What would the United States flags look like if they were based on data?
A visual experiment that evaluates the evolving graphic symbolism of the United States, True Colors is a collection of flags generated from the most recent American Community Survey. Each flag is based on data specific to its state, and provides information at a glance. The full project can be viewed at truecolors.us.
Familiar visuals, enhanced meaning
The design of each flag is derived from common visual cues historically found in flags: stripes, circles or polygons, and stars. The position, color, size, and shape of these cues are determined by the state’s data. Each layer of the flag corresponds to subjects that provide an informative snapshot of life in that state. The background visualizes population, the stripe shows housing, the circle or polygon represents economics, and the star indicates education.
Reflecting the present and future of the US.
The graphic language that is shared across the flags makes it easy to see similarities and differences between the states. How do flags in the same geographic area compared to those in another part of the country? Do beliefs about disparities between coastal states and the midwest hold up? Many of the flags look exactly as you'd expect, but some may come as a surprise.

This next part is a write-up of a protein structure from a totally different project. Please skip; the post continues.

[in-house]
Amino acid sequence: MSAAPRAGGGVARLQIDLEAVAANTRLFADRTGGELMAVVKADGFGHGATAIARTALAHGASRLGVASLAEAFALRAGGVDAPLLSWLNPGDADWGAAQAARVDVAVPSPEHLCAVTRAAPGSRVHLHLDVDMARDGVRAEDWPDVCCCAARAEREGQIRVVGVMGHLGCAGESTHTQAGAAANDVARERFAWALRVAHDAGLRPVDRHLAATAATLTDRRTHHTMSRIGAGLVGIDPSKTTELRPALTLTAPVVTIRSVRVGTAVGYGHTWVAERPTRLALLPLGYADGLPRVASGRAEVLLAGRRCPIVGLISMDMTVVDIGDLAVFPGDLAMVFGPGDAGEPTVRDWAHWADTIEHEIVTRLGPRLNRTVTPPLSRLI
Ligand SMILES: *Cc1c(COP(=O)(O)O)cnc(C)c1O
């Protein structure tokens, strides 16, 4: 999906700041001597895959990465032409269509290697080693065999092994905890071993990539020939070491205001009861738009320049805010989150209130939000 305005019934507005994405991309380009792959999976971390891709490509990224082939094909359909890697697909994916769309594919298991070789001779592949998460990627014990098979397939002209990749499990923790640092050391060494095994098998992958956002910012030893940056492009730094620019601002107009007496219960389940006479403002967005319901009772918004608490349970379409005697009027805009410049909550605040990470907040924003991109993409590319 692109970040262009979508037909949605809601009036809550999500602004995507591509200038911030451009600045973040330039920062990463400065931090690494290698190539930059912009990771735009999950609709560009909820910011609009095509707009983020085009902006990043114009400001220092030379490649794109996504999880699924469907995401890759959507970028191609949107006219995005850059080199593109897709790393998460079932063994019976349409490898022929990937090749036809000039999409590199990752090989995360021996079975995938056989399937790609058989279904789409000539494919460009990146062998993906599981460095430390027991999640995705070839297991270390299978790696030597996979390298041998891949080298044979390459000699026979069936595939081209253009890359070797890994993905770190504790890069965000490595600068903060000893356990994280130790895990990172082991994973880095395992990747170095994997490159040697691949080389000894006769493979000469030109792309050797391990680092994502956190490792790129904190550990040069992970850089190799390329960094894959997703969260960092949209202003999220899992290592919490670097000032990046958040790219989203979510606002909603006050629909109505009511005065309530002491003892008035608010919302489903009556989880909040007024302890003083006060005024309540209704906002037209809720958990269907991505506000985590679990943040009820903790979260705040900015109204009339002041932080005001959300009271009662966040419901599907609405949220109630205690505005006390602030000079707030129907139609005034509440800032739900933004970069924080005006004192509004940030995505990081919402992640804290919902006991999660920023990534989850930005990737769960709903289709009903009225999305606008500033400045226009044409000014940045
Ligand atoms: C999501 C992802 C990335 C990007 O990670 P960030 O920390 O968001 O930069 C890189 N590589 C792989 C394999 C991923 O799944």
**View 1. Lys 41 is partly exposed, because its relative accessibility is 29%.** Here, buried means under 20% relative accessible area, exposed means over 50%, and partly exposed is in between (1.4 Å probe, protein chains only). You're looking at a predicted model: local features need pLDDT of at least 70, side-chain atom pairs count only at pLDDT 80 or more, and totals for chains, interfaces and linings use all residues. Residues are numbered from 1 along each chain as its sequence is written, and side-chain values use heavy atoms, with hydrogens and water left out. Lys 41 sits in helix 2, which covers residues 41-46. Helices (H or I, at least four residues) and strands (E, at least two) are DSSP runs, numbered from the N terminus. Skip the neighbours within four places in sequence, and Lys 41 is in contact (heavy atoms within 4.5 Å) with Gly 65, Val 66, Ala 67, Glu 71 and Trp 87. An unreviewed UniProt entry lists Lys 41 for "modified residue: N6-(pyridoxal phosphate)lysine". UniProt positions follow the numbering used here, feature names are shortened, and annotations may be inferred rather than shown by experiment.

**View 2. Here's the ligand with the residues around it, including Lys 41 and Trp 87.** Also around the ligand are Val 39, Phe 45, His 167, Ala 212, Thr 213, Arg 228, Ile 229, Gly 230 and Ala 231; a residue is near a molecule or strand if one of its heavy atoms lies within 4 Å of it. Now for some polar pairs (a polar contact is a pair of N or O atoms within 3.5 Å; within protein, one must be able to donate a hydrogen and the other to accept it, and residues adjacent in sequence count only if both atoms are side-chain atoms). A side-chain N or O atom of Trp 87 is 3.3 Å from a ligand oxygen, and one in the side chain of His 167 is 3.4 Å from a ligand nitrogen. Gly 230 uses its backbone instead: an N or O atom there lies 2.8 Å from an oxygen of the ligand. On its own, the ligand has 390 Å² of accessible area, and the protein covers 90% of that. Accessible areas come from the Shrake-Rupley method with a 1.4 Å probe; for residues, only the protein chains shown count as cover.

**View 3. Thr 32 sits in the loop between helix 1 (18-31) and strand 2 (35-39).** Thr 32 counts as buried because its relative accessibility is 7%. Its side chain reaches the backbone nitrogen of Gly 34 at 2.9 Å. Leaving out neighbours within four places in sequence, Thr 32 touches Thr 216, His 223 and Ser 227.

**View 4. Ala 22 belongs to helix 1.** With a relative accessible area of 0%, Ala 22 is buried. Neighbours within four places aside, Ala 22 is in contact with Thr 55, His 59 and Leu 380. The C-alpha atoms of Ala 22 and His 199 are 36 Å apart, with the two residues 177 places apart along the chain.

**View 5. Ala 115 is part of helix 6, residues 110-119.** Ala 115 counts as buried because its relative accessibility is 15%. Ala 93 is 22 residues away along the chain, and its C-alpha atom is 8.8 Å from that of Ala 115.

The flags you see currently won’t always be representative of the United States. The country is always evolving, and what’s relevant this year will probably be drastically different a decade from now. If a state changes over time, shouldn’t its flag? As new data is released, the flags can be updated to ensure they always provide an accurate portrayal of the state they stand for.
In the fall of 218, True Colors was featured in MICA Graphic Design's Alumni Invitational, alongside other prominent designers including Oliver Munday, Luke Williams, and Aron Fay.
The design blog Brand New featured True Colors following the project's initial launch in February, 2018.